Punk rock has had quite a decade. Exhibition catalogs, photographic retrospectives, CD box sets, and sold-out reunion tours attest to the central role punk continues to play in stories we tell about the ‘70s and ‘80s, about their politics, and about their culture. If punk comes from England, it has always been equally at home in Germany, where punk scenes, zine networks, and record labels appeared almost as quickly as they had in Britain and the United States. In Germany, as in Britain and the United States, new archives, museum exhibits, and discography projects have emerged which are devoted exclusively to punk—and to thinking about what punk meant for its own historical moment and might still mean for ours.
At this moment of its intense commemoration, German punk therefore seems in need of an interdisciplinary, theoretically informed scholarship all its own. This would be a critical conversation about punk's aesthetic genealogies, transnational affiliations, institutional histories, and political affiliations. What was German punk? What things did it have to say? How did it say them, on whose behalf, and to whom? Can theoretical and methodological interventions developed to explain American or English phenomena be truly adequate to German punk?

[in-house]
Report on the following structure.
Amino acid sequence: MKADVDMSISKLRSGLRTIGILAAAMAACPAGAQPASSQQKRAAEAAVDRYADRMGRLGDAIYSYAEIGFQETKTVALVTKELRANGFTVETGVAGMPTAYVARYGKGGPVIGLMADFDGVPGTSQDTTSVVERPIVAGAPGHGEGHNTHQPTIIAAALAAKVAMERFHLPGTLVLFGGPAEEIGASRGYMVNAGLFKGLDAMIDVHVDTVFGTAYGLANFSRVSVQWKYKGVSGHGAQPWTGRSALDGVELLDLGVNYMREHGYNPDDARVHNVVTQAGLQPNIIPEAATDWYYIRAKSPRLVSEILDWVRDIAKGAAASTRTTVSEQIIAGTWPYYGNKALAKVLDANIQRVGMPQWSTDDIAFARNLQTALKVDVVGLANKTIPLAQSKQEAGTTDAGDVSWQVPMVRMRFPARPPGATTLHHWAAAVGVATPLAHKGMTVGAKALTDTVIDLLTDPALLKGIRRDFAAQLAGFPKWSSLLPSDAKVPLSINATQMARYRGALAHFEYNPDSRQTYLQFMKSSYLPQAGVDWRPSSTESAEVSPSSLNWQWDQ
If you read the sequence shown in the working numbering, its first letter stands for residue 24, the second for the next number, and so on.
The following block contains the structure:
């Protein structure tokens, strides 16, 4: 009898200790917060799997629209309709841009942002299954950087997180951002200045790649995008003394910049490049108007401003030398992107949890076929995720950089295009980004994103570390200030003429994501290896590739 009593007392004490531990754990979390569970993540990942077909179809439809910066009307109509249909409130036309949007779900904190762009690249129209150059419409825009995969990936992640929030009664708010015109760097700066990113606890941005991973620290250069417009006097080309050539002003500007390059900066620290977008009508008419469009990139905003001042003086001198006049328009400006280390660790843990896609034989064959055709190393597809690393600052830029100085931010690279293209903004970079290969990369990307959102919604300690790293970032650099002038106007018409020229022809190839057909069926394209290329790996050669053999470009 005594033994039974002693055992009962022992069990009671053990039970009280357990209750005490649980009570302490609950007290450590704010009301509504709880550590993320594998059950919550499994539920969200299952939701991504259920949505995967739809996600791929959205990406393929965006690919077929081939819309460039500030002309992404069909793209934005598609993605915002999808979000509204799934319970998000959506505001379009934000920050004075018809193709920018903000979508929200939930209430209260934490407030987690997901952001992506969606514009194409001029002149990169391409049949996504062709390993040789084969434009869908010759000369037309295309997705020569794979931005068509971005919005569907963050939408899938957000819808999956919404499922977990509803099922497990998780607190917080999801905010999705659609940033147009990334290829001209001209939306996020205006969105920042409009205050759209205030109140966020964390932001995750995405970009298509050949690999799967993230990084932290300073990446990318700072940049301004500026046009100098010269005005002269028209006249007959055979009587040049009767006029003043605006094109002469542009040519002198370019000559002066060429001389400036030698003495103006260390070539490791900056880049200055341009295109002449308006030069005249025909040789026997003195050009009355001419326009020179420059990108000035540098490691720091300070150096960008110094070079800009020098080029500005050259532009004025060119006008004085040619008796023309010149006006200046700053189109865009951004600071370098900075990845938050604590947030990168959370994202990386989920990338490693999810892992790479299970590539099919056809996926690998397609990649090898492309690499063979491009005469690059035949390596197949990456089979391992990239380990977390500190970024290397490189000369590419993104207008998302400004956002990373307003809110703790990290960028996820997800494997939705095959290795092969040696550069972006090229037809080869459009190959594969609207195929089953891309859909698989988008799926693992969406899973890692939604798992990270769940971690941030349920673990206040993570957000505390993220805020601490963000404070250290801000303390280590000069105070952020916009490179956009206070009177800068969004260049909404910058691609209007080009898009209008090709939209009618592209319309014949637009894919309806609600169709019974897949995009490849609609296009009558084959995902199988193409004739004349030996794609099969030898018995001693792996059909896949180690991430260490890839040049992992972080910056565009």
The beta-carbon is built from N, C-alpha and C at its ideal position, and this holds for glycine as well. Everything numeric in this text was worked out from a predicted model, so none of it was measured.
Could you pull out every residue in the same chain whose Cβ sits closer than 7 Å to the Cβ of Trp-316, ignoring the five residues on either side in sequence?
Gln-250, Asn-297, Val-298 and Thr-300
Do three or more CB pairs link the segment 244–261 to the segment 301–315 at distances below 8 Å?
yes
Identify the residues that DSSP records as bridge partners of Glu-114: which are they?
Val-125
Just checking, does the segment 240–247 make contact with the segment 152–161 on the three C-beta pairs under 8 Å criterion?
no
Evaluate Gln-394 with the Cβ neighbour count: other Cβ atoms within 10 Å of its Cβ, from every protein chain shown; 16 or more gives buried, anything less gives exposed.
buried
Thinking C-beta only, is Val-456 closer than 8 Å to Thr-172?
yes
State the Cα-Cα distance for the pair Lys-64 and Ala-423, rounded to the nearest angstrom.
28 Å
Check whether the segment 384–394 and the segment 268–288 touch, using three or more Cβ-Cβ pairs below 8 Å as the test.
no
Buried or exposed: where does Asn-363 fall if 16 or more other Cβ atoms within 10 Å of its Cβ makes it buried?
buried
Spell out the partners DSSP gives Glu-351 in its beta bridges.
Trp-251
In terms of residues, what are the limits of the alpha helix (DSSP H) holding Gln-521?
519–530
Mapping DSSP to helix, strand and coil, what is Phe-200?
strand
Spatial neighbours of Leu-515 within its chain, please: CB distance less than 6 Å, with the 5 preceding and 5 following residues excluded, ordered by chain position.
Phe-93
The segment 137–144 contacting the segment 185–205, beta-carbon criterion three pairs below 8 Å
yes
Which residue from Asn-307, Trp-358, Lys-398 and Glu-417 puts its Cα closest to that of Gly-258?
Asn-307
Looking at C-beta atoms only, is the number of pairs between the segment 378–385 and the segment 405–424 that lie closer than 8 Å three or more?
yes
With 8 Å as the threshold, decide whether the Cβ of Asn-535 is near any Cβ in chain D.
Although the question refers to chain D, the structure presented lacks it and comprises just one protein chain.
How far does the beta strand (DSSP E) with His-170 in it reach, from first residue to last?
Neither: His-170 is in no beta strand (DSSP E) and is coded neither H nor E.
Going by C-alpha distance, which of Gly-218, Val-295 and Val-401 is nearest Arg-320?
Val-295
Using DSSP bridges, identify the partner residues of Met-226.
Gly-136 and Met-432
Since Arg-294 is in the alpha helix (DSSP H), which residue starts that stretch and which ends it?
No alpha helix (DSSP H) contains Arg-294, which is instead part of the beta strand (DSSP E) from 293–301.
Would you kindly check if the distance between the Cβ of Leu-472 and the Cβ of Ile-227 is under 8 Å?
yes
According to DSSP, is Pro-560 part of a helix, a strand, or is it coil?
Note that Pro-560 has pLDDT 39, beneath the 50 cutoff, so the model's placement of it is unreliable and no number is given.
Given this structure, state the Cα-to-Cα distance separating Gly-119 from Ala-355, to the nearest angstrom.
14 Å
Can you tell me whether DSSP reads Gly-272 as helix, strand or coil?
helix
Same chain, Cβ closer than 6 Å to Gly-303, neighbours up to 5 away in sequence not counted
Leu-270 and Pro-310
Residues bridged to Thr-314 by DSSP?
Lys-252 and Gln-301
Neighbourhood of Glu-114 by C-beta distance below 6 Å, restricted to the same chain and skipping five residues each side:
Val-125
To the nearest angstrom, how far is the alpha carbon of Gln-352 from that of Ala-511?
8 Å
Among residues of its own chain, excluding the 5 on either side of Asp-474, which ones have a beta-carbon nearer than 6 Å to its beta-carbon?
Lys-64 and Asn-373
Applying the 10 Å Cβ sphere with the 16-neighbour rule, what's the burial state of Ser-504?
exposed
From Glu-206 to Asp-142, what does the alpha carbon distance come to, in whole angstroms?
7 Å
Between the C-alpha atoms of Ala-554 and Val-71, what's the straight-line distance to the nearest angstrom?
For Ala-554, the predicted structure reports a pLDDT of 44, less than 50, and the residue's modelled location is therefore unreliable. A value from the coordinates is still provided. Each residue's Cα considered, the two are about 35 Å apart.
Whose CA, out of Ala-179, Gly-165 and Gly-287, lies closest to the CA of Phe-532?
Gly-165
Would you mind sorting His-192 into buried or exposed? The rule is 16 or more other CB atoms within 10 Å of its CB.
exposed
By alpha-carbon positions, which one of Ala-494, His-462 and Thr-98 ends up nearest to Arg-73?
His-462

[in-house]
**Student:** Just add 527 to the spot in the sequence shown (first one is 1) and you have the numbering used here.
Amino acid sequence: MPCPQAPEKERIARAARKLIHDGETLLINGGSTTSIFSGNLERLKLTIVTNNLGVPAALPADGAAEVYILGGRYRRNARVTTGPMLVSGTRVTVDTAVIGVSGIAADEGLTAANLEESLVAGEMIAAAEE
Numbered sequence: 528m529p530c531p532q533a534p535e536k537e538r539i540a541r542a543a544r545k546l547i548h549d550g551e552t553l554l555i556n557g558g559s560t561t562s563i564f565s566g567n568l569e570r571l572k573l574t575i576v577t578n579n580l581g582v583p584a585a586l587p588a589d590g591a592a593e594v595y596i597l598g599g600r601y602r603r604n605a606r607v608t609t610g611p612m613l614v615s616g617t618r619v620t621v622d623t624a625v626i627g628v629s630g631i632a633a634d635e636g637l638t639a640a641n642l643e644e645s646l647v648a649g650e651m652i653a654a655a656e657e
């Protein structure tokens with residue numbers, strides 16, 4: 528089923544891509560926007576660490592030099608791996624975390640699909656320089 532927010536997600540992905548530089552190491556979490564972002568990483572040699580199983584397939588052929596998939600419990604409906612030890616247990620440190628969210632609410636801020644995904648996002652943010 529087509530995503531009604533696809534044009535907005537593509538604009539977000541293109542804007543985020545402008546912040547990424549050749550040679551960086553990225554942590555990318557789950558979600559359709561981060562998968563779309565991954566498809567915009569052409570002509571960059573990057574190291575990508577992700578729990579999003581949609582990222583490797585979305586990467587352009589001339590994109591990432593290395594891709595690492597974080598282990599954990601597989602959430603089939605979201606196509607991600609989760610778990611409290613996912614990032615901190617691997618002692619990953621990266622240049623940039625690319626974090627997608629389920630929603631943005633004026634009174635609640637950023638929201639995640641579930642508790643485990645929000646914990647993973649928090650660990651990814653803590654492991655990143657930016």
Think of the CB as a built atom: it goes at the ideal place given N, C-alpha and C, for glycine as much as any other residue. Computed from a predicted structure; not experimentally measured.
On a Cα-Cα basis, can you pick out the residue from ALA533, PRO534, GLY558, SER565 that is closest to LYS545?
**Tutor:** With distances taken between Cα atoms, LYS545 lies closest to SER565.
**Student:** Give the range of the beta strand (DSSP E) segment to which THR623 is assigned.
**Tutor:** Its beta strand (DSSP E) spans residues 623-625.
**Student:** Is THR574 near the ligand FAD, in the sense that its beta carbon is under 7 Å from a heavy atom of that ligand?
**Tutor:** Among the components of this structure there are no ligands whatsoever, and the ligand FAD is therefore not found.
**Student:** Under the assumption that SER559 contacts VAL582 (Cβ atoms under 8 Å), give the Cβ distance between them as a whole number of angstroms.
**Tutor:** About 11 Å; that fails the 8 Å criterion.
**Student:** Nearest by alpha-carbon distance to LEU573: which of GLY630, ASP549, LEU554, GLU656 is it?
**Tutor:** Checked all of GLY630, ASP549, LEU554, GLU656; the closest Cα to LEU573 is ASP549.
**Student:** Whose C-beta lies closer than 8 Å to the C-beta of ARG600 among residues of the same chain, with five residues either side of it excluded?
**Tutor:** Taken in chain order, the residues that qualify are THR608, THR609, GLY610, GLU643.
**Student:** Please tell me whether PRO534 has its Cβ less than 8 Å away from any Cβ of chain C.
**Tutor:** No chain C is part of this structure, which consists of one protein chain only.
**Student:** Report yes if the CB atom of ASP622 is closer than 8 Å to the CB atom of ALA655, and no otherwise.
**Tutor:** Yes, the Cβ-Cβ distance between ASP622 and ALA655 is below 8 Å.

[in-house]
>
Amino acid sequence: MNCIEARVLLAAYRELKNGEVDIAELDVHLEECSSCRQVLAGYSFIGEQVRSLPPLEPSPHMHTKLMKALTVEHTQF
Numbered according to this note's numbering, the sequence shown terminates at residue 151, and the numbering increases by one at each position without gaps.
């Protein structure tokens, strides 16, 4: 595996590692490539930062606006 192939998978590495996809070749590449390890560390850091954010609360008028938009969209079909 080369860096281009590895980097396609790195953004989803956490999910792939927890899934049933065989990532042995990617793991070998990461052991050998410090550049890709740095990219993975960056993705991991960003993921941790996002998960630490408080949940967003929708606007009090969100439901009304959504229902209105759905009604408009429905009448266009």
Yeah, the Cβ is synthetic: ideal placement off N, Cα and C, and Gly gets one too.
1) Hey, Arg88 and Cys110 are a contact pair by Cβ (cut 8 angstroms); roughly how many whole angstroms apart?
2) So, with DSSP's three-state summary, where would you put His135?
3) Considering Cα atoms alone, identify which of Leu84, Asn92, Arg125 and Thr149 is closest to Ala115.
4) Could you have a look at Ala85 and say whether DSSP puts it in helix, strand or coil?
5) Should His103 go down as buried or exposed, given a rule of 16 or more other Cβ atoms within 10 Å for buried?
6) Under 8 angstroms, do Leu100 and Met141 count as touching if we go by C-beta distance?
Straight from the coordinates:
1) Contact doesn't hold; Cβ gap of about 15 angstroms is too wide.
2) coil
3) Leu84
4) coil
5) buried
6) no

To inaugurate this discussion, we invite essay submissions for inclusion in a book-length volume on the cultures of punk in Germany. Possible topics include, but are not limited to:
--after punk: post-punk; neo-punk; anti-punk; New Punk; dark wave, cold wave, and no wave.
--punk in the archive: assembling discographies; building punk archives; the ethics of punk musealization.
--punk politics: punk as protest culture; the political theory of punk; punk interventions; punk and a-politicality; punk, the Left, and the Right.
--punk and the Cold War: punk and MAD eschatology; punk rocking around the Bloc; punk as portable global good; punk of German division; punk as Wendekultur.
--punk and the body: punk and style; the genders and sexes of punk; punk performativity; punks, cyborgs, the man-machine.
--punks in the city: punk architectures and punk spaces; punks, decay, and ruination; punk graffiti; punk and Occupation.
Please send >500 word abstracts and brief biographical statements in English to all editors: Mirko M. Hall [mirko.hall[at]converse.edu], Seth Howes [howes[at]oakland.edu], and Cyrus Shahan [cshahan[at]colby.edu] by 01 February 2013. Notification of acceptance will be given shortly thereafter. Completed essays are tentatively due on 01 September 2013.
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